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Abstract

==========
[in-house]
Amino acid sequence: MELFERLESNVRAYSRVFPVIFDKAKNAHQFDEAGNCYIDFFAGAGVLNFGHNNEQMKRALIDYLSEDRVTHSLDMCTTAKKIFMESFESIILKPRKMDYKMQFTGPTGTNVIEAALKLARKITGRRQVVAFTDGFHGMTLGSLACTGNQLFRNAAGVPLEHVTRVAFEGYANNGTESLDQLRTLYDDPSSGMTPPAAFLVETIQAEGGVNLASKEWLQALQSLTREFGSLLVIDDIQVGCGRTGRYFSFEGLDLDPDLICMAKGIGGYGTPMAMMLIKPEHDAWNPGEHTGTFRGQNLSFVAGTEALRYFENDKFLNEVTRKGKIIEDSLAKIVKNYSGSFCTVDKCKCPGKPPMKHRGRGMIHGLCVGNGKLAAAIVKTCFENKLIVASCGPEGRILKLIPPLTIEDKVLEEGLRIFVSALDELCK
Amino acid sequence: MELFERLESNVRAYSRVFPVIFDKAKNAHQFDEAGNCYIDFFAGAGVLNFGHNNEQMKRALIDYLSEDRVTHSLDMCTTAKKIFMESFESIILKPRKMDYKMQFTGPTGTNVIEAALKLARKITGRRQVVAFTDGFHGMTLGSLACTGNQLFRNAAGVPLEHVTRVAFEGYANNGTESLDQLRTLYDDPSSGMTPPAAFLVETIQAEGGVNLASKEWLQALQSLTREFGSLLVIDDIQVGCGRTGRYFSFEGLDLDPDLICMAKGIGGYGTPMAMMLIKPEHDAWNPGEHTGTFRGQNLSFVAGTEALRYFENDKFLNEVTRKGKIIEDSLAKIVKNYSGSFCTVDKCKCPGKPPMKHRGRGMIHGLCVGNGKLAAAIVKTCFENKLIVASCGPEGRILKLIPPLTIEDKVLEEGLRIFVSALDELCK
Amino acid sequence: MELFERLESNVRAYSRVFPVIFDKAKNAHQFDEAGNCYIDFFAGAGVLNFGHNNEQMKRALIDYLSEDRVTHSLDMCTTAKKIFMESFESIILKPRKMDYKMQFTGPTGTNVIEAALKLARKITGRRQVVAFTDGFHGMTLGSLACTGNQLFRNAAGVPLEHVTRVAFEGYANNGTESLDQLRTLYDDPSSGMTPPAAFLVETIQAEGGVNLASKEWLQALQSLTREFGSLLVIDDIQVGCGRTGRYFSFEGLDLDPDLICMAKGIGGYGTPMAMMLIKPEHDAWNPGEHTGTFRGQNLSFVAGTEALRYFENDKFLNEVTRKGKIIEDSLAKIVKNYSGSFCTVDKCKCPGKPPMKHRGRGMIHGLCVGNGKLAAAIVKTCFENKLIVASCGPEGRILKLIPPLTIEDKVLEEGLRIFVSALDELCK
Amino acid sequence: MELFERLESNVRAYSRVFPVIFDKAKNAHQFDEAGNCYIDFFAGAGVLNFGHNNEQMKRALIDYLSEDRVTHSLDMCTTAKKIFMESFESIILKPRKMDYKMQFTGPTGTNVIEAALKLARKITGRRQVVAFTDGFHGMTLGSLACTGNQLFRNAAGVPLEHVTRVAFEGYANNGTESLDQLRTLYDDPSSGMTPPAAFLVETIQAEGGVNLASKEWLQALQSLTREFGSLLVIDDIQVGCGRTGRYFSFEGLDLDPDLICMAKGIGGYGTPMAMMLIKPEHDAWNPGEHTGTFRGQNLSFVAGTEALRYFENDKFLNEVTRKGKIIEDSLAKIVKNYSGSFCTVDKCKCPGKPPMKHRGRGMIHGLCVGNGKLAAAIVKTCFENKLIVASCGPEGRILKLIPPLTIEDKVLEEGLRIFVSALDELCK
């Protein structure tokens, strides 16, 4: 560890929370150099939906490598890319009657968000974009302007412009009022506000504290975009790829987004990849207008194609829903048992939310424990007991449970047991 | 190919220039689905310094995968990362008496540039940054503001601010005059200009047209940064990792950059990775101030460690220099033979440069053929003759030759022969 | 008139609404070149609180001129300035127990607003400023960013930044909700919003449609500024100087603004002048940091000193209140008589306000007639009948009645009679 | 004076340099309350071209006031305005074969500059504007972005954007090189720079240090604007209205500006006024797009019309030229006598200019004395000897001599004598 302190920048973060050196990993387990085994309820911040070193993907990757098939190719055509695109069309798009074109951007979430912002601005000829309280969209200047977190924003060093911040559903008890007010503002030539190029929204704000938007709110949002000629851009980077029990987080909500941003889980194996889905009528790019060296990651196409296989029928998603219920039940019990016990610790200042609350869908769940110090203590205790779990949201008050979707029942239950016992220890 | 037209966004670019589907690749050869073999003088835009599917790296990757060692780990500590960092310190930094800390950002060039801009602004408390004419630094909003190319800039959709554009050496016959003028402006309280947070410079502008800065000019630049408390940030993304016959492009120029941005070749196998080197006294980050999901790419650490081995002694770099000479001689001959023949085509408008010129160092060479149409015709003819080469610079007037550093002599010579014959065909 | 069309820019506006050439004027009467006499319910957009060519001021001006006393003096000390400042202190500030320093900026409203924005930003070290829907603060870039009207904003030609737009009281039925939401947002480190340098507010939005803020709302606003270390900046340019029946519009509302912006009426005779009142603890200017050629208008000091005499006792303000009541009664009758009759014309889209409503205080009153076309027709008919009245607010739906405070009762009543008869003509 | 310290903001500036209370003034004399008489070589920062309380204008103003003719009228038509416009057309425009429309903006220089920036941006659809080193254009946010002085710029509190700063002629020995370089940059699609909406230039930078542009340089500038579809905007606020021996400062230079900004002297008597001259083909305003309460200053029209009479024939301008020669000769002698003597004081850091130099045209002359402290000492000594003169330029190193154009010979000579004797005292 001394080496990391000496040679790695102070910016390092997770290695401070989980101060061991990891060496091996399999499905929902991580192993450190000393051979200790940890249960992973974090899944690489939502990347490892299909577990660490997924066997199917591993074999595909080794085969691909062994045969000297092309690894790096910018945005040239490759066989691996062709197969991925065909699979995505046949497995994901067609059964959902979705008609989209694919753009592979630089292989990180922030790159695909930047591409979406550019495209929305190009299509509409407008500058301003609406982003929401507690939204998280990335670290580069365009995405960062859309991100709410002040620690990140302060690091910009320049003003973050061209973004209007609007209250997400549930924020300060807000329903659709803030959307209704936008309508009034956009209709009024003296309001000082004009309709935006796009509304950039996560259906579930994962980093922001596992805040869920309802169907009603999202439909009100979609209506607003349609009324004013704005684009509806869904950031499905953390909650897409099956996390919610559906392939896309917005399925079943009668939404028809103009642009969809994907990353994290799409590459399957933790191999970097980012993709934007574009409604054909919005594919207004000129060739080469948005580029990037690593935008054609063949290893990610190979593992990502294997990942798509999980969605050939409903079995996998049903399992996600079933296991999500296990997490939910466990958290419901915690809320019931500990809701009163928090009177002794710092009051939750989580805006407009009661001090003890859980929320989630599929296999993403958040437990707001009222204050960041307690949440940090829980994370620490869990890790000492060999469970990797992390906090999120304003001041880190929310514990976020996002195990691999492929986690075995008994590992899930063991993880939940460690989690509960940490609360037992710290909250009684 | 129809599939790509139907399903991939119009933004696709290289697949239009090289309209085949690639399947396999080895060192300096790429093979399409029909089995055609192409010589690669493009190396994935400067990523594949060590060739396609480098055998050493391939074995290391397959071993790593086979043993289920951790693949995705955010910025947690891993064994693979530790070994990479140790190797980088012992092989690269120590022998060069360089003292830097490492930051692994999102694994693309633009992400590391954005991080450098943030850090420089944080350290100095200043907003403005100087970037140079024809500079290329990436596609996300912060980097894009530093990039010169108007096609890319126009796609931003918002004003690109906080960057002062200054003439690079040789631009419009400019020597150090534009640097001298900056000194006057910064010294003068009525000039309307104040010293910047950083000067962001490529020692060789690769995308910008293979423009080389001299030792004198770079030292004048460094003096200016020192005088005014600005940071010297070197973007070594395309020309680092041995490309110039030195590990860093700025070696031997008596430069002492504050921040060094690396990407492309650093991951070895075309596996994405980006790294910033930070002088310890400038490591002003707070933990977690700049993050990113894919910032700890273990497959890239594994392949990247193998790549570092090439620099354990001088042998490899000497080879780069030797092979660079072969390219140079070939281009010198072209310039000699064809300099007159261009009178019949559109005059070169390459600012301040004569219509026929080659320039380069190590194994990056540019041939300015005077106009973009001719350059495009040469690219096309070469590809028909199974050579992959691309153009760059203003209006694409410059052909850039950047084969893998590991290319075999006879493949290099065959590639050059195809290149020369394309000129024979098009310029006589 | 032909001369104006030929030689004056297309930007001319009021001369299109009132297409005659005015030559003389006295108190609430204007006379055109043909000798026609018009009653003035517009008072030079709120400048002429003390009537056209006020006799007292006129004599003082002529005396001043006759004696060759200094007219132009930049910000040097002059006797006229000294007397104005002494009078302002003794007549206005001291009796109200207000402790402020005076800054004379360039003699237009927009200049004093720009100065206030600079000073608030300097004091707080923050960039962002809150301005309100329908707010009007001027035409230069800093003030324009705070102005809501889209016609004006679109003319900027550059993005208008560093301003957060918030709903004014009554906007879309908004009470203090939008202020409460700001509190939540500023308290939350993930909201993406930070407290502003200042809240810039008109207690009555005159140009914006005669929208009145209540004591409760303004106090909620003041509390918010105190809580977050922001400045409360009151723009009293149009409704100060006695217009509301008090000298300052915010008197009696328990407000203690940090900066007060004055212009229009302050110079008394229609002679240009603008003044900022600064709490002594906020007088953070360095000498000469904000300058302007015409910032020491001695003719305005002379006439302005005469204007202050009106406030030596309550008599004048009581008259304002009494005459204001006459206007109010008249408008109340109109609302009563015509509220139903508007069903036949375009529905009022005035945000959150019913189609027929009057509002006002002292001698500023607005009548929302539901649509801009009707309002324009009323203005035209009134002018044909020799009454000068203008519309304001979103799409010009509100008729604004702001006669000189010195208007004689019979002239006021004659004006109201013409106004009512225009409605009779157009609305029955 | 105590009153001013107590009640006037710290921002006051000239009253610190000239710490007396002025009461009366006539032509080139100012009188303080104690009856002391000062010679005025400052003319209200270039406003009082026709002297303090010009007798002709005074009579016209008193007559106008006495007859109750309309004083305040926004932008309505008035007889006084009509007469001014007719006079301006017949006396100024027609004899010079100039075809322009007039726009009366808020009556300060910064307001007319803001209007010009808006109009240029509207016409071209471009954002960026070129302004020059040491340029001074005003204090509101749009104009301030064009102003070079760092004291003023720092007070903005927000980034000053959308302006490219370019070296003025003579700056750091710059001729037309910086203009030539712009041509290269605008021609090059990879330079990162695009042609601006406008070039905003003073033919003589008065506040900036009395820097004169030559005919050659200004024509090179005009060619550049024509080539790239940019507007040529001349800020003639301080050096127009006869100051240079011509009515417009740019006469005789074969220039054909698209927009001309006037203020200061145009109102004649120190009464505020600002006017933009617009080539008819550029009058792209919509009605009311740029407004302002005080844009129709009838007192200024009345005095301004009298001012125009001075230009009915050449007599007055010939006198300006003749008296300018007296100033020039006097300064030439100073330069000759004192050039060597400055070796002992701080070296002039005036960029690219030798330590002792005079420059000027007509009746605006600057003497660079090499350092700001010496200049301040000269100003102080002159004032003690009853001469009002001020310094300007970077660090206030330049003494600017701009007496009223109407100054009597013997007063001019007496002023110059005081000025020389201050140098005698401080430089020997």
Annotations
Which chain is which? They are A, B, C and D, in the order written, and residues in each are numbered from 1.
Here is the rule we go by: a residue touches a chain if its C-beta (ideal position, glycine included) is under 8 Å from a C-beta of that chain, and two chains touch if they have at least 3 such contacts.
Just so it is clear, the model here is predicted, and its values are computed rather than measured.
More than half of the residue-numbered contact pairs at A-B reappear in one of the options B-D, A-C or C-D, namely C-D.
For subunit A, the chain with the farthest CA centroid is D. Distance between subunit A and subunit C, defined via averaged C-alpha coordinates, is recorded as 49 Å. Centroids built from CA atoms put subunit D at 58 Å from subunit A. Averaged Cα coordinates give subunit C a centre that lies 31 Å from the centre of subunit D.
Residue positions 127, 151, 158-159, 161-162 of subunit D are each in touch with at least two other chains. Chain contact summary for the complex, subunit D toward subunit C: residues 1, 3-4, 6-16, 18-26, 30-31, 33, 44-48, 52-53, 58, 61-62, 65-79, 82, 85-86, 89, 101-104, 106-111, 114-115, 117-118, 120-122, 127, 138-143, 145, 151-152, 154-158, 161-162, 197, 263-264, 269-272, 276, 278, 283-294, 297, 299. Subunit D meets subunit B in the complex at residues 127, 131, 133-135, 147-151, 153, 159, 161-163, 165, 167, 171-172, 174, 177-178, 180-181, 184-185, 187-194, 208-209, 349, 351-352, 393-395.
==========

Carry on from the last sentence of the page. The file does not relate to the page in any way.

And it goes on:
Metal-halide perovskites exhibit high efficiencies in photovoltaic applications and low recombination rates, despite the high concentrations of intrinsic defects. We here study the hole trapping at the negative iodine interstitial, which corresponds to the dominating recombination center in CH3NH3PbI3. We calculate the free energy profile for the hole trapping at 300 K using the Blue Moon technique based on hybrid functional molecular dynamics. We find that the hole trapping is energetically unfavorable and requires overcoming an energy barrier. This behavior stems from the position of the vertical (-/0) transition level of the iodine defect and the formation of a polaron. Our simulations show that the polaron does not interact with the iodine interstitial and hops through the lattice on a sub-picosecond scale. Our results highlight a mechanism by which the low mononuclear (trap-assisted) recombination rates in CH3NH3PbI3 can be explained.

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